Various methods have been developed for preserving your roses, so that you may enjoy them for an extended time to come. The following three rose preservation methods are most commonly used, though the information is
RARELY COMPILED-UNTIL NOW!
is the first method for long term preservation of roses. Very few materials are needed, and you could improvise on the following supplies. Just gather some thin wire and paper clip, or similar object, and then designate a dark dry room for hanging.
Remove the leaves
from the bottom portion of each rose stem, and bind several roses together with the wire.
Adjust the binding
in a way which will prohibit the upper rose blossoms from touching one another. Taking time to prevent blossoms from touching will ensure that there is no discoloration, or misshapen product as the end result.
the end of your binding wire to the paper clip (or similar apparatus),
each assembled bouquet to a clothes hanger to air dry upside down for 5-10 days.
Moisture transfer technique
is another rose preservation method and is completed with means of absorbent material. A common material to complete this process is silica aerogel but, sand, cornmeal, and borax can also be used. You will also need a sealable container for the 3-5 day duration process, but you may wish to store in it your remaining silica for the next preservation process.
by cutting the stem back to about one inch from the blossom itself.
the blossom will be placed atop the silica in an upright position,
and silica peppered over and in between petals assuring that the entire bloom is covered.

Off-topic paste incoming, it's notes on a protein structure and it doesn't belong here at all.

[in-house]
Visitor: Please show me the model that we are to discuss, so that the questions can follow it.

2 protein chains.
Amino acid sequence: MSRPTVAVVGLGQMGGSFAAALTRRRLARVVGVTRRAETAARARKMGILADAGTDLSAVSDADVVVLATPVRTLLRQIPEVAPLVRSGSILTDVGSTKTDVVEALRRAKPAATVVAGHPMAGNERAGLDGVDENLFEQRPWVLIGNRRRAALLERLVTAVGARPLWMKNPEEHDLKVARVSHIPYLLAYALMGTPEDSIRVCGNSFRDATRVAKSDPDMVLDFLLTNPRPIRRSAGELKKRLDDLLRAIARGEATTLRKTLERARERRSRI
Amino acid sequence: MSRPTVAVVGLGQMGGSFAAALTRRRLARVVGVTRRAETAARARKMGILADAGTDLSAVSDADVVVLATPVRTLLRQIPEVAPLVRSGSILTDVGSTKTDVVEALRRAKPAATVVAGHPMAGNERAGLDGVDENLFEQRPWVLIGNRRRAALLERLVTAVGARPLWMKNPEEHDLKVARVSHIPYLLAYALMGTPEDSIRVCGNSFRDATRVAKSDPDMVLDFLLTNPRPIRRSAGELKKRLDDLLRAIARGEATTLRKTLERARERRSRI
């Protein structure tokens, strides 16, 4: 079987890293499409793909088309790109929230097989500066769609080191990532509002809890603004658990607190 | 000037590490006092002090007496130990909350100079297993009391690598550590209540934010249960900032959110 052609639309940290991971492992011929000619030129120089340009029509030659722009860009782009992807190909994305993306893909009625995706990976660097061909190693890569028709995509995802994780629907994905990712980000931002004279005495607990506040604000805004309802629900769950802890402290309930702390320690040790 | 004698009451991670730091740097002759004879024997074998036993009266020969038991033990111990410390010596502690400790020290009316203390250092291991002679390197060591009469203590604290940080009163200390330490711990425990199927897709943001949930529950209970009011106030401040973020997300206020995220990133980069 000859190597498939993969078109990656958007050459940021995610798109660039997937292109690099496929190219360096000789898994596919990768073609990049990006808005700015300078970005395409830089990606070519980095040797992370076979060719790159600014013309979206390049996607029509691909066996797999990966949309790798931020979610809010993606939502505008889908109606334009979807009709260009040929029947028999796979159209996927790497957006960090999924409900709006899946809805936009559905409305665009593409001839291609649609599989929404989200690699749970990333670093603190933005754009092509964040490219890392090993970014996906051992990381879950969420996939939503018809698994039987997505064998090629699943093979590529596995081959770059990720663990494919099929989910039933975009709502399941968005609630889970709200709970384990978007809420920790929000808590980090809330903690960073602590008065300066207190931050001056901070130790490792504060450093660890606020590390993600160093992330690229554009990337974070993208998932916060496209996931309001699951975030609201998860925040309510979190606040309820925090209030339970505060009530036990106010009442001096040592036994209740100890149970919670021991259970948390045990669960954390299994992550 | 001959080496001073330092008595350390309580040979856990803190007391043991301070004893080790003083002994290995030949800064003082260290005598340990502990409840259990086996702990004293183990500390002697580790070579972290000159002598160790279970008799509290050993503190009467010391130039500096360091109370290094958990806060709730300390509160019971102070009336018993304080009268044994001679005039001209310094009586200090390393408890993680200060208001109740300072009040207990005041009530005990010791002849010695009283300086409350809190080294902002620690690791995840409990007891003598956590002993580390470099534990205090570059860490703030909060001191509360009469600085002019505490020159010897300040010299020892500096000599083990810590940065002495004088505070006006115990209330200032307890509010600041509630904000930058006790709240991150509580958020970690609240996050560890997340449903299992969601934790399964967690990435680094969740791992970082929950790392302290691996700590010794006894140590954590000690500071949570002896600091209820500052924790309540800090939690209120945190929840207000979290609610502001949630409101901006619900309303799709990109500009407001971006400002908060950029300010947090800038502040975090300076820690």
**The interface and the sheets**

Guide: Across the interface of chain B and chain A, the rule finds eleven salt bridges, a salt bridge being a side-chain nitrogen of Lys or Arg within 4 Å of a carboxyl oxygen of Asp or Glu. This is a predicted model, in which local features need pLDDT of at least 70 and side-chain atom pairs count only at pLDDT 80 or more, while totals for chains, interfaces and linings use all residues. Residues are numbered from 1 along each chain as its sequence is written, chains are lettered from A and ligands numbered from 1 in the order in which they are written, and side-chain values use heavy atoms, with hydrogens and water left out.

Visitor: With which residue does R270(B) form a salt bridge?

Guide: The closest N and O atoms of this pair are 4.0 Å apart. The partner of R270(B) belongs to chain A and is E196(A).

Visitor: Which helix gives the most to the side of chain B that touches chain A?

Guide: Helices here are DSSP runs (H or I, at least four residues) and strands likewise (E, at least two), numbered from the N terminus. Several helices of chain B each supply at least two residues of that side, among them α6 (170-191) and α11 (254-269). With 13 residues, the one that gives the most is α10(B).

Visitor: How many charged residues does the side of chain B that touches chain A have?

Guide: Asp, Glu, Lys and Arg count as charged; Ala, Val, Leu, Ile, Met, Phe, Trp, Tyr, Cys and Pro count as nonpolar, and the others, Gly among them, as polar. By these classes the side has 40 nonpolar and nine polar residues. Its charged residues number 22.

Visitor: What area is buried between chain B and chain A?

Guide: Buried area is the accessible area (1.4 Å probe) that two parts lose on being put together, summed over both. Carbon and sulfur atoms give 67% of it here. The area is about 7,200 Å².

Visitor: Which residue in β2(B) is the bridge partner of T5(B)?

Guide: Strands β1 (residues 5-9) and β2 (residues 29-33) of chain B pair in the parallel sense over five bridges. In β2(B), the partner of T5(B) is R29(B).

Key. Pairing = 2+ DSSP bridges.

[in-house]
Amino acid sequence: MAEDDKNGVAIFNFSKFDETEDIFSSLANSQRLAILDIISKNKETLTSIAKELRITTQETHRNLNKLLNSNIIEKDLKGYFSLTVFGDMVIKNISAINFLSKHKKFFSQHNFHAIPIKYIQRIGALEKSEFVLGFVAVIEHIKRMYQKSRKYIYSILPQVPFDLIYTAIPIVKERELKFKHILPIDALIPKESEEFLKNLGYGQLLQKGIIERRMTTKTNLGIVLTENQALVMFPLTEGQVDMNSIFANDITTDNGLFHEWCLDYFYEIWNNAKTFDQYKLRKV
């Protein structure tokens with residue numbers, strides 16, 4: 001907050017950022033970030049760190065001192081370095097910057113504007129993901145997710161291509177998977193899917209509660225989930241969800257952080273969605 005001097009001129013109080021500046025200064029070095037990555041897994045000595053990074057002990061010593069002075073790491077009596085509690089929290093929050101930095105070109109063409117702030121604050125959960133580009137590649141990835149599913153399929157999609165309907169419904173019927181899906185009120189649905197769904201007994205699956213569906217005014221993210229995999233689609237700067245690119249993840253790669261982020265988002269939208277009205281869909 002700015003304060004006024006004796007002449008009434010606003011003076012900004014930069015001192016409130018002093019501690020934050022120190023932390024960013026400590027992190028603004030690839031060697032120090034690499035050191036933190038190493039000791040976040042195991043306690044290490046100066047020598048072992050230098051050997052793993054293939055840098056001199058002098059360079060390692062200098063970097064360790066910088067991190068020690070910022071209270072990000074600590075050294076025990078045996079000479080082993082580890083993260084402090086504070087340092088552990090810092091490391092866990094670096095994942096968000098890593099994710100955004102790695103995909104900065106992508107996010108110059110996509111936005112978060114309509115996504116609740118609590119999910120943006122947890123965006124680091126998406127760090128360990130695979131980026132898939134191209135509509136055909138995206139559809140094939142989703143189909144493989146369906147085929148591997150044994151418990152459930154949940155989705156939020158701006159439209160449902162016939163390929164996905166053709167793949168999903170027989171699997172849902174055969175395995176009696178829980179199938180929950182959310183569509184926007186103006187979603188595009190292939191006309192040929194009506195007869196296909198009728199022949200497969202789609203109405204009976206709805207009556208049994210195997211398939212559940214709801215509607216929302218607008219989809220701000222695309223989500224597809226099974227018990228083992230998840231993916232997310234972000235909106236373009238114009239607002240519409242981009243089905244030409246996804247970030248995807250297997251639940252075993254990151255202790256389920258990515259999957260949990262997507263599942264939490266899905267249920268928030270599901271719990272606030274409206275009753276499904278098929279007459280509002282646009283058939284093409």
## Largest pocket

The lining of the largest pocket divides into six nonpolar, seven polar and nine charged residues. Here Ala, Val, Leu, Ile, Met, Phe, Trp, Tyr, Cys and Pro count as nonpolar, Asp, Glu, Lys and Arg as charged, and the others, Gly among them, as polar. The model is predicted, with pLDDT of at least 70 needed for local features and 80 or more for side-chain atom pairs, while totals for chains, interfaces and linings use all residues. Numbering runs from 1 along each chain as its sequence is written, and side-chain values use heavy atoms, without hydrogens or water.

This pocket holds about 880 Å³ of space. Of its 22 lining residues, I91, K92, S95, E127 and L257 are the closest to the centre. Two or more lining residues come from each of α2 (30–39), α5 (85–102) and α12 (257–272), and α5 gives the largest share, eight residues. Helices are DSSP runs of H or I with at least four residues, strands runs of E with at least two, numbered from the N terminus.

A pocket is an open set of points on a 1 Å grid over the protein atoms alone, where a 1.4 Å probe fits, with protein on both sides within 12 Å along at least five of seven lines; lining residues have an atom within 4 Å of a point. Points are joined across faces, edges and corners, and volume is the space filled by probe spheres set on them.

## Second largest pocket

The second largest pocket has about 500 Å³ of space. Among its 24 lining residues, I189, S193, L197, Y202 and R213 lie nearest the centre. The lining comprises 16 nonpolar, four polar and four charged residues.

seal the box and allow 3-5 days for the preservation technique to take effect.
is the final proven method for preserving your roses for lasting pleasure and enjoyment. This means of rose preservation dates back to more than a hundred years ago, and while the coating method will only preserve your rose a couple of weeks, it can be fun and will offer an extended floral life for potentially another special holiday or occasion. Your supplies include paraffin, a working stovetop range and a small-sized pot, or appropriate warming vessel. Just
your paraffin, and
dip your roses
one at a time while using a twirling motion to coat the entire rose head. These will
in a matter of minutes and the process complete.
Preserving roses is one way to enjoy your bouquet for an extended length of time. Oftentimes, a memory is also preserved and that euphoric feeling of love, excitement, honor, or gratification will present with each passing of the project. Roses can be shared for the pleasure of others’ as well. Consider making a lasting craft or project with your preserved roses, and impress those with even the most keen eye for an artful masterpiece!
Have YOU tried either of these three preservation techniques?
Share YOUR experience or tips!
www.gardenguides.com, Preserving your Roses, Mark Whitelaw
Amanda R. Sutton
All Occasion Flower Delivery Service